- Manage localized supply-chain bottlenecks that are likely to persist until the end of 2020 – or into 2021.
- Prepare for demand depression, mainly for export commodities and for food products among the low-income urban population and hospital industry.
- Embrace digitization right along the value chain.
- Explore new mergers and acquisitions (M&A) and diversification, including going beyond borders.
The pandemic provides opportunities for transforming food systems in the region, where more and more countries are beginning to focus on agriculture as the next alternative. While the epidemic has led to disruption, it has also thrown into sharp relief the strategic importance of agriculture and agribusiness.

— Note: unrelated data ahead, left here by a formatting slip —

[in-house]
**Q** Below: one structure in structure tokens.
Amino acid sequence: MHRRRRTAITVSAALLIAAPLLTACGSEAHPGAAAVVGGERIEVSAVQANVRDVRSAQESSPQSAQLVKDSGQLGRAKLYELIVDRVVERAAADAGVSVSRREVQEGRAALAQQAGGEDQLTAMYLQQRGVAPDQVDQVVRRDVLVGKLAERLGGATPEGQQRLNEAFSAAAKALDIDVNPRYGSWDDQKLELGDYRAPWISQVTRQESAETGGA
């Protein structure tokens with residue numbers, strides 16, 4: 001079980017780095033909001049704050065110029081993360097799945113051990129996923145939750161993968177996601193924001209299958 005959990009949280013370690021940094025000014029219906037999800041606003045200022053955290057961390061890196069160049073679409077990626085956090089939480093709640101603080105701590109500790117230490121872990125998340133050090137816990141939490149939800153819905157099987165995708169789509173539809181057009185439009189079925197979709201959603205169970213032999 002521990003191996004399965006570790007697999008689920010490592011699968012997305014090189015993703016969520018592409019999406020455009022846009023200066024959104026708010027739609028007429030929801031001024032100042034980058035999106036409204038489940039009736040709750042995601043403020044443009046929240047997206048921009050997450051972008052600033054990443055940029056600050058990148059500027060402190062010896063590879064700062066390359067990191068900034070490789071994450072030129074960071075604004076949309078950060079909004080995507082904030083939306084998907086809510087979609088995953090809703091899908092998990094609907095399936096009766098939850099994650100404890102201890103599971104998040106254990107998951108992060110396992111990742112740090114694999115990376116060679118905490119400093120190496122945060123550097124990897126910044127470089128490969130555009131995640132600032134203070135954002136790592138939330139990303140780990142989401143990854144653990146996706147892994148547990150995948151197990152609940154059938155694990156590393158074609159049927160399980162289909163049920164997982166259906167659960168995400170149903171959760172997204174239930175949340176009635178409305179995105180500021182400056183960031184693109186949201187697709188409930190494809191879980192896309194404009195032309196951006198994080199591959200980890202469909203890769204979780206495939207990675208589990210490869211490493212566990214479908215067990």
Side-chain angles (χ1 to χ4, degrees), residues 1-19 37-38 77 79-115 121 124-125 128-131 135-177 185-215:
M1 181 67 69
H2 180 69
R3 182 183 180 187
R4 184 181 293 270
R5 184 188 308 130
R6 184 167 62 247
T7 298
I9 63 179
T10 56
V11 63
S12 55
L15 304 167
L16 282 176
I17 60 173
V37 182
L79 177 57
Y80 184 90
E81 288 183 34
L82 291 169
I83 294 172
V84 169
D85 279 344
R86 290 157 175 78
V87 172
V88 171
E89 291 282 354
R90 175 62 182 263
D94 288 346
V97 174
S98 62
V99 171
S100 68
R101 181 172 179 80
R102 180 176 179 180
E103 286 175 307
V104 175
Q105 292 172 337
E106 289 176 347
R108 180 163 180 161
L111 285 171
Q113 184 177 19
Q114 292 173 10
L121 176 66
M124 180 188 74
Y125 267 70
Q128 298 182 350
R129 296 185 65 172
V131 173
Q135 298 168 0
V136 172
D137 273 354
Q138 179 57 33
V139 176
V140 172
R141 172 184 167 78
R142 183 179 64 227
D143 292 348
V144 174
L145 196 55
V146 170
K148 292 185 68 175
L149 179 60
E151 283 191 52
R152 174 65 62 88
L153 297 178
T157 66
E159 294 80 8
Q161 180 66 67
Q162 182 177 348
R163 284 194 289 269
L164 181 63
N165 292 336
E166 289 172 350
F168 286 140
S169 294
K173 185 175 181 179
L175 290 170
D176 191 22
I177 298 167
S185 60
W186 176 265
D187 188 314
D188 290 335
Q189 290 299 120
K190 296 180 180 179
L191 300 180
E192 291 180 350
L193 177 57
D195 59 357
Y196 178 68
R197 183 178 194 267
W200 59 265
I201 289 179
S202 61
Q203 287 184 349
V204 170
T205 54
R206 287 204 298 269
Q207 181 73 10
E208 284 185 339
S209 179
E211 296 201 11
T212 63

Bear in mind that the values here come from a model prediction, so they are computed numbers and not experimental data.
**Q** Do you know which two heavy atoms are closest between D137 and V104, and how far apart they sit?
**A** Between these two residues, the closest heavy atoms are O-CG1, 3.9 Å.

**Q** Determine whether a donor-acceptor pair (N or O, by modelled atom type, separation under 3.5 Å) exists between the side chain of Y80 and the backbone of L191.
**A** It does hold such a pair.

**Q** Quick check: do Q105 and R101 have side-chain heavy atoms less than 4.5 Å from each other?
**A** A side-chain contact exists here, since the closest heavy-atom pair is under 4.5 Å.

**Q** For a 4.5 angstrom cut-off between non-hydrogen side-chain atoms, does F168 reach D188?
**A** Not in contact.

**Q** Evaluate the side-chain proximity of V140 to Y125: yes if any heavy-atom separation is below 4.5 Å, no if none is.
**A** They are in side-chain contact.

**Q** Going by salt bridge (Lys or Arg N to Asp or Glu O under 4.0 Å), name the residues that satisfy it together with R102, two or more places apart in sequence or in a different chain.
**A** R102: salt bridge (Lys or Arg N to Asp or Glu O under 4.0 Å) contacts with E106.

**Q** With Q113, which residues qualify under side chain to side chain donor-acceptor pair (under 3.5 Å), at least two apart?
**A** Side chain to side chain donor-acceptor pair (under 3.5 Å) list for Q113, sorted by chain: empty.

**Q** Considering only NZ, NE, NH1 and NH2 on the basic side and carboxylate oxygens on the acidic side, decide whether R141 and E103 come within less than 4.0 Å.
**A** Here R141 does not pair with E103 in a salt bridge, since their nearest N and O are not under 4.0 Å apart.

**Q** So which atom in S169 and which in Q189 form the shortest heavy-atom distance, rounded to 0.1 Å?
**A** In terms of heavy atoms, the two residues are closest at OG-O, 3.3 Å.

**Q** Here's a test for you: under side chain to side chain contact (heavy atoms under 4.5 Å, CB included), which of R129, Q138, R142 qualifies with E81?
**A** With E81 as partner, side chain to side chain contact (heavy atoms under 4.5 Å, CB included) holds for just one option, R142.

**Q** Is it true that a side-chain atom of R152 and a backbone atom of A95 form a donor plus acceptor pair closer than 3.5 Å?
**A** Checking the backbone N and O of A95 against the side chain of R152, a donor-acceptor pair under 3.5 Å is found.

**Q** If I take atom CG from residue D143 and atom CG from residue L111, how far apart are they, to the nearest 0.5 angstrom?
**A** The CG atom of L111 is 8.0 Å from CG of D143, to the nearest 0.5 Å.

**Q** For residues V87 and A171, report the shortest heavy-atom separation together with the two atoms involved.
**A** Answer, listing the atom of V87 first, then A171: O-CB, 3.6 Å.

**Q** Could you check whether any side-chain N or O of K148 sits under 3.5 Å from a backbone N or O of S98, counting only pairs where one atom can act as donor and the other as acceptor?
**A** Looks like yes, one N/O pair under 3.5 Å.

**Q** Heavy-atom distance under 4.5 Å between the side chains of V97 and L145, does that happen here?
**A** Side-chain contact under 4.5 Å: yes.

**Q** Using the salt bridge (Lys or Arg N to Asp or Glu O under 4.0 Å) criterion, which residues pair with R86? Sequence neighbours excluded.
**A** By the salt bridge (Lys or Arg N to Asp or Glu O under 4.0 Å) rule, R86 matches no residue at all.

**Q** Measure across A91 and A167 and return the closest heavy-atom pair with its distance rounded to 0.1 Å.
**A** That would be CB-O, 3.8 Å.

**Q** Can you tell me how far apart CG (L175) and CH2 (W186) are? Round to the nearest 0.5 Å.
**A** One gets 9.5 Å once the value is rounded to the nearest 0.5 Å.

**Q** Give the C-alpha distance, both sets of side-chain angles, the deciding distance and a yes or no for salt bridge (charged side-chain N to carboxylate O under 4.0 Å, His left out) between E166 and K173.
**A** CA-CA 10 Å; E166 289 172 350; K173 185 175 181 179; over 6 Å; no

Boston Consulting Group sees a positive growth in the long term for the whole industry. “Nations around the world will seek to offer further support to their agriculture sectors in order to shorten supply chains and better secure and improve the resilience of their food supplies.”
Together with the push to meet sustainable-agriculture goals and implement new agricultural technologies, this will open up opportunities to increase revenues for every segment of the agriculture value chain.